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The Report by Devashish Fuloria
February 6, 2014
New Zealand 329 for 4 (McCullum 143*, Williamson 113) v India
Scorecard and ball-by-ball details
When MS Dhoni won his sixth consecutive toss of the tour, in the first Test in Auckland, he smiled sheepishly at his good fortune on an overcast morning. By the end of the first day, though, the smile had disappeared and his greying beard took prominence because India had endured a forgettable day. Kane Williamson and Brendon McCullum scored aggressive hundreds during a rapid double-century stand for the fourth wicket, consigning New Zealand's top-order stumble to a distant memory.
More than the volume of runs, the manner in which they were scored was remarkable. On a grassy drop-in pitch at Eden Park, India's bowlers applied pressure in the first session and New Zealand lost three wickets for 54 runs before lunch. After the break, though, the stirring riposte from Williamson and McCullum changed everything. They had got together with the score on 30 for 3 in the 18th over and added 221 in 51 overs.
Williamson and McCullum launched a counterattack and picked up runs in similar regions but by employing entirely different methods. For every silken Williamson straight drive, McCullum played a powerful punch; for every neat back-foot push through cover from Williamson, McCullum cut violently; for every controlled pull from Williamson, McCullum unleashed full-blooded slaps. In between, there were urgently-run singles as they took on tiring fielders.
Williamson was the enforcer early on, using his range of shots to manoeuver the ball into gaps on both sides of the field. Zaheer Khan was driven to the straight boundary, Ravindra Jadeja was lofted towards the sightscreen and Mohammed Shami was punched stylishly through the off side. Williamson, the leading run-scorer in the ODI series, had brought his form to the longer format.
The lack of pace from India's bowlers helped McCullum too, as he used his quick hands to punish anything marginally short. And there was plenty of friendly short bowling from India. One such delivery from Ishant caught the top edge of McCullum's bat and sailed over the wicketkeeper to bring up the half-century of the partnership, off 73 balls. Another top edge gave Williamson the six that took him to his sixth consecutive half-century against India. They may have been top-edges but the deliveries were worse, and Eden Park's straight boundaries were short.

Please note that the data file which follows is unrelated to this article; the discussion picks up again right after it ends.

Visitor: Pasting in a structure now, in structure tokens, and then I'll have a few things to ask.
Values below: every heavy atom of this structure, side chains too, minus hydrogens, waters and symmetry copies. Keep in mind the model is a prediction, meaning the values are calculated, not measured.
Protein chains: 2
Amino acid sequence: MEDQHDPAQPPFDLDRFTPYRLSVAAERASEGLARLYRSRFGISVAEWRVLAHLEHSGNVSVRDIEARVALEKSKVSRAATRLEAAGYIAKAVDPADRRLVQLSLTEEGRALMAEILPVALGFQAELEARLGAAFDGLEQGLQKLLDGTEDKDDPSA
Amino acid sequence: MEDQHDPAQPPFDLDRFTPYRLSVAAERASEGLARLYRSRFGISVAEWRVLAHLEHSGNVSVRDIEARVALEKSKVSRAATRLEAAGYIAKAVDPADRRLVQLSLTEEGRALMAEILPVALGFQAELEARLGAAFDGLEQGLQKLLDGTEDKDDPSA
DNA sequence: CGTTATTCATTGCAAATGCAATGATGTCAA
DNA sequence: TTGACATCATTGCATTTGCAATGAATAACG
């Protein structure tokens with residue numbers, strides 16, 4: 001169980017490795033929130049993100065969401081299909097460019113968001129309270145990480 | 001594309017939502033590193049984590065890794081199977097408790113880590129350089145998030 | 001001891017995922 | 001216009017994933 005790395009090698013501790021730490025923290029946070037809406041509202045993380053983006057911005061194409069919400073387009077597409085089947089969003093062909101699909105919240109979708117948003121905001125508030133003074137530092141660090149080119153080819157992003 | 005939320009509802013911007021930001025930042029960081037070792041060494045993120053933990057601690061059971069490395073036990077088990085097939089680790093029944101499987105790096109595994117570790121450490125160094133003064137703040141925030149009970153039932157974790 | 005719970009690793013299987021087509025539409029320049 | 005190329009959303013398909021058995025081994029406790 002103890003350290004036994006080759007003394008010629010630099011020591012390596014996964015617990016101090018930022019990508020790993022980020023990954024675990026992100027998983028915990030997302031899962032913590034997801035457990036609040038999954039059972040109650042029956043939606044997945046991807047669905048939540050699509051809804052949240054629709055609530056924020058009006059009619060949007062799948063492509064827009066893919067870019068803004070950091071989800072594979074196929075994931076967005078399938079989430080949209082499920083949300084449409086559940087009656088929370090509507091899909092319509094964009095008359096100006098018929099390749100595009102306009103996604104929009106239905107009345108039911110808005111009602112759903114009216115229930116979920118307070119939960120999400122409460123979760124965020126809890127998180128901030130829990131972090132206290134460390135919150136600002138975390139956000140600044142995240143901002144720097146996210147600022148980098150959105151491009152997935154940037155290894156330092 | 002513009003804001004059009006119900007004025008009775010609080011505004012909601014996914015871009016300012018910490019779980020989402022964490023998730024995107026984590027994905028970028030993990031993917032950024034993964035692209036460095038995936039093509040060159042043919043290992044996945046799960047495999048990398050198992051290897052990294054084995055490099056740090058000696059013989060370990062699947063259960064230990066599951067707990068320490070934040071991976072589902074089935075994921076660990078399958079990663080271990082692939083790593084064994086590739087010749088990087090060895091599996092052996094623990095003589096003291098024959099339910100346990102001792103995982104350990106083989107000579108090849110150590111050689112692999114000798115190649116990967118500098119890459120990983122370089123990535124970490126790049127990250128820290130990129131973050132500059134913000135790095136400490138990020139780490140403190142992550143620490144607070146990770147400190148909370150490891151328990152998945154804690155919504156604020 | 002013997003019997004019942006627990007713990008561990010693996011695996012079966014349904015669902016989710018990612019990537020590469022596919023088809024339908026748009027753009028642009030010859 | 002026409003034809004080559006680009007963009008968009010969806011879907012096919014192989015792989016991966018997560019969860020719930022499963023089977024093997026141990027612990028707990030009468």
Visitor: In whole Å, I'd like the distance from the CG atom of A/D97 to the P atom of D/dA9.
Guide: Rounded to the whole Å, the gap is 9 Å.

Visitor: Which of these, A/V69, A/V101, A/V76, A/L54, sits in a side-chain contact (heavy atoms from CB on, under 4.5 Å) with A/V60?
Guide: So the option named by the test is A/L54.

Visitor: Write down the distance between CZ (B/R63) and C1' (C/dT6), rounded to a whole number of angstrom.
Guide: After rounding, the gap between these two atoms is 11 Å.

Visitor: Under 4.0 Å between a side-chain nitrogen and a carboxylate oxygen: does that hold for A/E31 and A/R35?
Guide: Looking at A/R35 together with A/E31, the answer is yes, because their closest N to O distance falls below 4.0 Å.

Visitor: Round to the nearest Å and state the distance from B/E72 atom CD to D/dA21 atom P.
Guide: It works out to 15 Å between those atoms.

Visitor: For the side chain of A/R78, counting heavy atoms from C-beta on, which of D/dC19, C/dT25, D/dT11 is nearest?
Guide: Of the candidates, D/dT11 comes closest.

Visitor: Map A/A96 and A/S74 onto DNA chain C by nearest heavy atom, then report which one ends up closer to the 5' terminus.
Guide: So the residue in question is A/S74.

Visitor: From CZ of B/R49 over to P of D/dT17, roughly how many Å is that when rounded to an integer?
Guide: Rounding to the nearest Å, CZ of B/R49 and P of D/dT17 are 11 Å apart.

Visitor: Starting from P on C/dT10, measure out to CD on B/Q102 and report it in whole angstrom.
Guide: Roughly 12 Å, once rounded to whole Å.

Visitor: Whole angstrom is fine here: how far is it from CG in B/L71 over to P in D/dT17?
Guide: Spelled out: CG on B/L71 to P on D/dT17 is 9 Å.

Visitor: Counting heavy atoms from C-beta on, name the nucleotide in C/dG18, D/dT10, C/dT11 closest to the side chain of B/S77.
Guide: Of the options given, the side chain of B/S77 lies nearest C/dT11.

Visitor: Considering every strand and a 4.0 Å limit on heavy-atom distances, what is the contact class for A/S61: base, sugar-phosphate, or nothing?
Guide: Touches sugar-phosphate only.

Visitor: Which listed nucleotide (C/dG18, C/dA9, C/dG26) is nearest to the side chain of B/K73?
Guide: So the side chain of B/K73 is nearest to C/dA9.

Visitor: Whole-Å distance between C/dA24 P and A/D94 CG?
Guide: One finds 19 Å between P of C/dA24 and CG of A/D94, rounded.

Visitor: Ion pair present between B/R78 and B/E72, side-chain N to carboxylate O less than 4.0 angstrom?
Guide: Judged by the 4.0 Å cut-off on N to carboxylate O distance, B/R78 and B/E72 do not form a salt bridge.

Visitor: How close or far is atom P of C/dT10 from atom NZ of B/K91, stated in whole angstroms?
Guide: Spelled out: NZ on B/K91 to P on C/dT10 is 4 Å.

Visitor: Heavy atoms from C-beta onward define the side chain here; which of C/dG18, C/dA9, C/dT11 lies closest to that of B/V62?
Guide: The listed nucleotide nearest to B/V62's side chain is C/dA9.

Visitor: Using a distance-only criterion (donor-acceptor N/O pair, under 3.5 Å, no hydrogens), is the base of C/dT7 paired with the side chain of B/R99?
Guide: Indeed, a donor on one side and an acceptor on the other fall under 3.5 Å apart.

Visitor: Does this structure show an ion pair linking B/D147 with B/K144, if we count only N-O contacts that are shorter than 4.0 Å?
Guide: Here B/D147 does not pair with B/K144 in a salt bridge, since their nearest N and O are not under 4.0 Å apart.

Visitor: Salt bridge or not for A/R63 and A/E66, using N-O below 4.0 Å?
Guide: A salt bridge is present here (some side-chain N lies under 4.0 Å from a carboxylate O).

They then unfurled a flurry of straight drives to bring up the century stand. McCullum was the first to reach a hundred, off 135 balls, with a powerful drive over long-on off Jadeja. Two overs later, Williamson completed his majestic hundred - his fifth in Tests - with an inside out drive off the spinner. He was finally dismissed in the 69th over, edging an innocuous Zaheer delivery down the leg side to Dhoni. Corey Anderson, the new batsman, survived nervous moments early on and ensured New Zealand ended the day without any further damage.
The morning, however, could not have been more different. Under gloomy skies, Ishant sparked India's attack to life, taking two key wickets, and keeping New Zealand quiet. He accounted for Hamish Rutherford in his first over, the batsmen playing away from the body and falling to a sharp diving catch from Ajinkya Rahane at gully, and then dismissed Ross Taylor via another sharp catch, by Jadeja at short mid-off.
India, however, were left to rue a missed chance at a crucial moment. With New Zealand seeking a way out from their troubled start, Williamson was dropped at first slip by M Vijay off Shami. He went on to score 81 more. Shikhar Dhawan had also dropped Peter Fulton early on in the innings and misjudged a top-edge off McCullum later in the day.
Ishant, after bowling his first six overs for eight runs, failed to control the run flow, while Jadeja, Zaheer and Shami remained profligate throughout the McCullum-Williamson stand. The bowling and fielding summed up India's day.
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